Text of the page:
African Press Agency (APA)
Hunger in the news
5 March 2009

End the plight of Asia's poppy farmers

Red and white opium poppies are back in colourful profusion once again, expanding across the mountainous landscapes of northern Laos after several years of intensive poppy eradication. Illicit cultivation is also on the rise in the Shan states of Burma. UN drug officials are alarmed that the effect of the global economic crisis on the value of cash crops is tempting impoverished hill farmers to return to growing the one crop that offers stable financial returns. [...] The wisdom and sustainability of UN's anti-opium strategy has been consistently challenged by NGOs, development workers and academics. Dr David Feingold, an anthropologist and expert on the Akha hill tribe says: "The opium eradication policy in Laos was both poorly conceived and poorly executed." Without viable alternatives, former opium farmers became destitute and dependent on emergency food aid from the UN's World Food Programme (WFP). Given that the UN millennium objectives are all about enhancing food security, the hastily implemented campaign against opium cultivation had achieved just the opposite.
The Guardian
Hunger in the news
5 March 2009

ICC gives solace to Darfur refugees

Quiet contentment is the best way to describe reactions to the news of Omar al-Bashir's indictment in the Farchana refugee camp - a dustbowl in the far east of Chad, home to 20,000 Sudanese from Darfur. Although some of the more educated camp leaders articulated their happiness at the verdict, there was no massive outpouring of jubilation, or much to show that today was different from any other. [...] As we journalists argue frantically with editors in London and kick malfunctioning equipment, a steady stream of ladies dressed in stunning yellow and orange striped fabric glide silently past with grain sacks and water balanced on their heads. The children start to wander off. Today's food distribution by the UN's World Food Programme seems to be the new show in town.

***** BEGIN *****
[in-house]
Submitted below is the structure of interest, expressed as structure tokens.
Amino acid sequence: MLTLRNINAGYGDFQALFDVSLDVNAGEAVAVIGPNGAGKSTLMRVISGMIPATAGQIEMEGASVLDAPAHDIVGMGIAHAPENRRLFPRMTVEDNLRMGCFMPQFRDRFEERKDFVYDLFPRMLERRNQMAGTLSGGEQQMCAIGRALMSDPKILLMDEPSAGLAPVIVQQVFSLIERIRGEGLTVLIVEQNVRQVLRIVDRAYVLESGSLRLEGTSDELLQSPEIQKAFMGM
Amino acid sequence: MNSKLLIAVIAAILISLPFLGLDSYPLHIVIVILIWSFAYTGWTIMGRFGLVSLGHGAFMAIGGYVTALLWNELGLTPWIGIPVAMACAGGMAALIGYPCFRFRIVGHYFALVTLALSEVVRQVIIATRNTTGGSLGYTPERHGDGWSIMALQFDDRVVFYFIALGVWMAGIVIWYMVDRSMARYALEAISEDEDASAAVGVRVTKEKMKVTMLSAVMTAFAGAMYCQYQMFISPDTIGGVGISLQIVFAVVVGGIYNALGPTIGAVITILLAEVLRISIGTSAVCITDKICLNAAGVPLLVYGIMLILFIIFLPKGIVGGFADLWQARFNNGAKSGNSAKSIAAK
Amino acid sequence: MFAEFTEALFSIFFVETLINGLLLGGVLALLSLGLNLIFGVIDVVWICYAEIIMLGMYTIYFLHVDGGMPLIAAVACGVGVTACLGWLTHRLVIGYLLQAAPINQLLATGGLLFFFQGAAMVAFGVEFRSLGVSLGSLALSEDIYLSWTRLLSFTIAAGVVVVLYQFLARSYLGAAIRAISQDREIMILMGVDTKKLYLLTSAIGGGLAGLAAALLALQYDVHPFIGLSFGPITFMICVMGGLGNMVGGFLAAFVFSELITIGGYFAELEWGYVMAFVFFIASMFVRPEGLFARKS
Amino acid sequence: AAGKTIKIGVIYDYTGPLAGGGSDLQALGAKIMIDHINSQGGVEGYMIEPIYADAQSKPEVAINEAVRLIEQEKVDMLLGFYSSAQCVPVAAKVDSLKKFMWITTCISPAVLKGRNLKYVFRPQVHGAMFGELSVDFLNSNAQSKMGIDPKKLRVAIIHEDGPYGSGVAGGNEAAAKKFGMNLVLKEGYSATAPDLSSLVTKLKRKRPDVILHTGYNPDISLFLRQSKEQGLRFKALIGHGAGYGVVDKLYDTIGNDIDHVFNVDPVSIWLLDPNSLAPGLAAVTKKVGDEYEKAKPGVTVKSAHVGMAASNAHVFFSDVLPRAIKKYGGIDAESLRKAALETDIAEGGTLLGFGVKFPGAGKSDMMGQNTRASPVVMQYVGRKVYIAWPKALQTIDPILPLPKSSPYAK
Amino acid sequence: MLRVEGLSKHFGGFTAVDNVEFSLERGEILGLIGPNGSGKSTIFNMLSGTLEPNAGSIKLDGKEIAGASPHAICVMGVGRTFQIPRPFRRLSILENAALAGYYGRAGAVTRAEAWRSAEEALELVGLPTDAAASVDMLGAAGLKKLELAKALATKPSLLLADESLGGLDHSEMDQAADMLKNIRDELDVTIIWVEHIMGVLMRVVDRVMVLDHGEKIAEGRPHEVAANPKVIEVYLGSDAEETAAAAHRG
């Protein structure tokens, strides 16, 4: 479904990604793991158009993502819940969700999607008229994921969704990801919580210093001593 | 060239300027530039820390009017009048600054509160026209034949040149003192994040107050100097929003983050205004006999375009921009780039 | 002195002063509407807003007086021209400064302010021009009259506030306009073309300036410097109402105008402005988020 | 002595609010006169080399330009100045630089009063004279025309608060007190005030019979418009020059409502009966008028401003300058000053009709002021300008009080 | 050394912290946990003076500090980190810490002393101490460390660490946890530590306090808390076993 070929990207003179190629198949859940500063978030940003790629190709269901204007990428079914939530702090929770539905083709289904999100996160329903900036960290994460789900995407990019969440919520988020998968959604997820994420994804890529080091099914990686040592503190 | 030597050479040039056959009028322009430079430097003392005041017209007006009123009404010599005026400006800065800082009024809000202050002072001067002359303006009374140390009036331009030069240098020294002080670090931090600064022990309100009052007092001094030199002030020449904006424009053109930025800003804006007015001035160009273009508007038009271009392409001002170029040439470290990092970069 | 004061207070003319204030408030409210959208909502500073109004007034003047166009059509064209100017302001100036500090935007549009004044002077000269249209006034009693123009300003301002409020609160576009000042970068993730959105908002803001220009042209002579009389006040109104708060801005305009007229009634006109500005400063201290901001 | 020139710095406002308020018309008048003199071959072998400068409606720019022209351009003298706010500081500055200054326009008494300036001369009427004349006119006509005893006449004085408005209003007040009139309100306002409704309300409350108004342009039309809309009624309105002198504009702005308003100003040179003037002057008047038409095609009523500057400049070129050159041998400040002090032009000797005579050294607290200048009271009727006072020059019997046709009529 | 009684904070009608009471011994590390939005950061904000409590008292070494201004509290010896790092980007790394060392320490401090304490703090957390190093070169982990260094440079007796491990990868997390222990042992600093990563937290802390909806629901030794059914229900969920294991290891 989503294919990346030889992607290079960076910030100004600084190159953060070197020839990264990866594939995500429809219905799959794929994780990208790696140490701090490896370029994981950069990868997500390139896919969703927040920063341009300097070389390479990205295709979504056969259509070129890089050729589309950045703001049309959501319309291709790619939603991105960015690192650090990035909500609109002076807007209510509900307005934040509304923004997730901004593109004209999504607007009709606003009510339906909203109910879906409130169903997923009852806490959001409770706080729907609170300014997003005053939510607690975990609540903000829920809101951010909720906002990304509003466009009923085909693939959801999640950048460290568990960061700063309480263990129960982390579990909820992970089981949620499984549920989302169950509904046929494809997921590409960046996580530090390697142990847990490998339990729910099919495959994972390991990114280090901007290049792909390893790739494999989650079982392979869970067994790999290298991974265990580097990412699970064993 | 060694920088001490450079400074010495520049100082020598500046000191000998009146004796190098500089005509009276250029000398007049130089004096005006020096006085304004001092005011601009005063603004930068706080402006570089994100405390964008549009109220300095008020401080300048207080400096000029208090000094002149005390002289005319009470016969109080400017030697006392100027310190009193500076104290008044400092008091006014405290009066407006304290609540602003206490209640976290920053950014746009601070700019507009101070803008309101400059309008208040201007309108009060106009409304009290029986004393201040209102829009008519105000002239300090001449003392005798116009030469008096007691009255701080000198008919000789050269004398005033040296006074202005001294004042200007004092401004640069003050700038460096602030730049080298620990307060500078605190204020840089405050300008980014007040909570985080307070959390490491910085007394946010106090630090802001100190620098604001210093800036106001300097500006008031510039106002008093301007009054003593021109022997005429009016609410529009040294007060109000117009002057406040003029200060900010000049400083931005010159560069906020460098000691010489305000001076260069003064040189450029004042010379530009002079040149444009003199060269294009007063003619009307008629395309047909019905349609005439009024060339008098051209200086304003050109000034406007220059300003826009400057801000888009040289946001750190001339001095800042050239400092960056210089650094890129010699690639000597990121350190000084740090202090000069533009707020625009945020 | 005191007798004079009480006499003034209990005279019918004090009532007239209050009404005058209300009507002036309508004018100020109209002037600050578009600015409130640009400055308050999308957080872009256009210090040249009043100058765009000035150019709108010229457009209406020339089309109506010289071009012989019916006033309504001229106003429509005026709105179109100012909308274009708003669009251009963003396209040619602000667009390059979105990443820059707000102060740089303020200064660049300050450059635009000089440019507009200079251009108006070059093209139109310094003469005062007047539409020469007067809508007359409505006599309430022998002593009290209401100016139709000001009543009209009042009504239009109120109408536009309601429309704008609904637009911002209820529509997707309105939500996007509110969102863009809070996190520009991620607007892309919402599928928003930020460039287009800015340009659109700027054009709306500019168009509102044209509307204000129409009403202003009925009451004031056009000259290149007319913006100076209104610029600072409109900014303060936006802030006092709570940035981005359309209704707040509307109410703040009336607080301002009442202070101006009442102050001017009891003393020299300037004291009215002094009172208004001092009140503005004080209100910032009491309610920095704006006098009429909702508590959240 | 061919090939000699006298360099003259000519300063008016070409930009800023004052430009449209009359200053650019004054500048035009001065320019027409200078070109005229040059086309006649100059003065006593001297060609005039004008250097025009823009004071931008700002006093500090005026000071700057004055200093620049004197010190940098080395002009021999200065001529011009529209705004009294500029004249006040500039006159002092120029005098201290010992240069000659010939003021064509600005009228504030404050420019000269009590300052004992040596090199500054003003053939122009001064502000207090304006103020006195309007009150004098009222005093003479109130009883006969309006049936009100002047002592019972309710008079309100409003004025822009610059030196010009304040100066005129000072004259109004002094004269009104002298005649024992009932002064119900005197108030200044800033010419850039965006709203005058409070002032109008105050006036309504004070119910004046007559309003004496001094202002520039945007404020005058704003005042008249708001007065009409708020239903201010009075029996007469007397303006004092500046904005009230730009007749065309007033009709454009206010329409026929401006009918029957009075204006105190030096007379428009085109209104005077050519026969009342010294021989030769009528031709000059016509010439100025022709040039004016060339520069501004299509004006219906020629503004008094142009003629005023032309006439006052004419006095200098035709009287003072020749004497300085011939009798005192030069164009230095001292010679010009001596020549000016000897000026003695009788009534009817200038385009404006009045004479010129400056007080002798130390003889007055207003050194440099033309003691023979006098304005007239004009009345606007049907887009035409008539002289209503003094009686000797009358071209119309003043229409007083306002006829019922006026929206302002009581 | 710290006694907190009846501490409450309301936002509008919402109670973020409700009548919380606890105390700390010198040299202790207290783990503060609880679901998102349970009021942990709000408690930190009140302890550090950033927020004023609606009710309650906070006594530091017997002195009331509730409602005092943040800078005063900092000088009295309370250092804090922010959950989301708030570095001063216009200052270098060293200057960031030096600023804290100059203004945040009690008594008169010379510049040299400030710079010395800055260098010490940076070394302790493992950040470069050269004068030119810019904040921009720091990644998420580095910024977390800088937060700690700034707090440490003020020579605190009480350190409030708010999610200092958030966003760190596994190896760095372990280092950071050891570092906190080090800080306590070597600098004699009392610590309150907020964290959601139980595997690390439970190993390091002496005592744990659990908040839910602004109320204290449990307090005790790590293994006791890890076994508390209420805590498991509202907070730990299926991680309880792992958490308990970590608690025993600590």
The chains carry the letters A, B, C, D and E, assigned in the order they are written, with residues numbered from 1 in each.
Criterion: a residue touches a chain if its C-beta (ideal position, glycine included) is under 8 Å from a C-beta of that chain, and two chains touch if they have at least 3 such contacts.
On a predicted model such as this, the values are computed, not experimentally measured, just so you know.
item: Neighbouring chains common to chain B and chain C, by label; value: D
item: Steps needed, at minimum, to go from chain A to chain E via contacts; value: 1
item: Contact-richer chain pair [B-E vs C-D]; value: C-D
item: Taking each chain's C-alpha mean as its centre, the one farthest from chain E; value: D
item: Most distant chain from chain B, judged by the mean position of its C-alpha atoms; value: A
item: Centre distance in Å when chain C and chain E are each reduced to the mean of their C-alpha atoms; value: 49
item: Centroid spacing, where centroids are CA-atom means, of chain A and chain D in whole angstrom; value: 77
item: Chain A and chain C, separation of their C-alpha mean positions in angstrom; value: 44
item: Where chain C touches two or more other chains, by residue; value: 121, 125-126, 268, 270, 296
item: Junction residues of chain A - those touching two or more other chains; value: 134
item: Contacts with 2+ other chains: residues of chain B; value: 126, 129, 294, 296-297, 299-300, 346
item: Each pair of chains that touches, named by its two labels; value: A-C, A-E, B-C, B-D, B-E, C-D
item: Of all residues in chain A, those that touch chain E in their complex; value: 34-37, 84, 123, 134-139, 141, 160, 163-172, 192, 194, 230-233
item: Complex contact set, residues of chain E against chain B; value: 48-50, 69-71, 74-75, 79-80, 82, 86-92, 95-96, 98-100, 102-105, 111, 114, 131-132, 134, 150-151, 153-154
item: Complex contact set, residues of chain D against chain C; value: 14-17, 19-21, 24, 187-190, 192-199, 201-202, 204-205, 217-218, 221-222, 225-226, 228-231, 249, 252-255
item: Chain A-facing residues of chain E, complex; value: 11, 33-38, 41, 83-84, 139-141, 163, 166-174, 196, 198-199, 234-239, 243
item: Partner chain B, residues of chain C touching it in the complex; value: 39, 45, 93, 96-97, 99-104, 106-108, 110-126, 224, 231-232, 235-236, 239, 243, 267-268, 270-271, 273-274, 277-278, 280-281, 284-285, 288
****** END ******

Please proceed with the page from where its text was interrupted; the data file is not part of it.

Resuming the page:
BBC News
5 March 2009

Saudis get first taste of foreign harvest

Saudi Arabia has announced the arrival of the first food crop harvested in Saudi-owned farms abroad, in a sign that the kingdom is moving faster than expected to outsource agricultural production. Rice, harvested in famine-hit Ethiopia by a group of Saudi investors, was presented to King Abdullah recently and comes as other countries are still in the early stages of investing in overseas farms. The Ethiopian origin is likely to raise concerns about the trend to outsource food production to poor African countries, some of which suffer from chronic hunger. In the past year the United Nations World Food Programme has helped to feed 11m people in Ethiopia, which has suffered crop failures and food distribution problems. Some analysts argue that foreign investment in agriculture, even if earmarked for export, could ultimately help poor countries, providing them with employment, infrastructure, access to agricultural technology and export tax revenues. However, western agriculture officials familiar with the Saudi plans say they are sceptical that the kingdom's investment in food production overseas will help poor countries such as Ethiopia.
Financial Times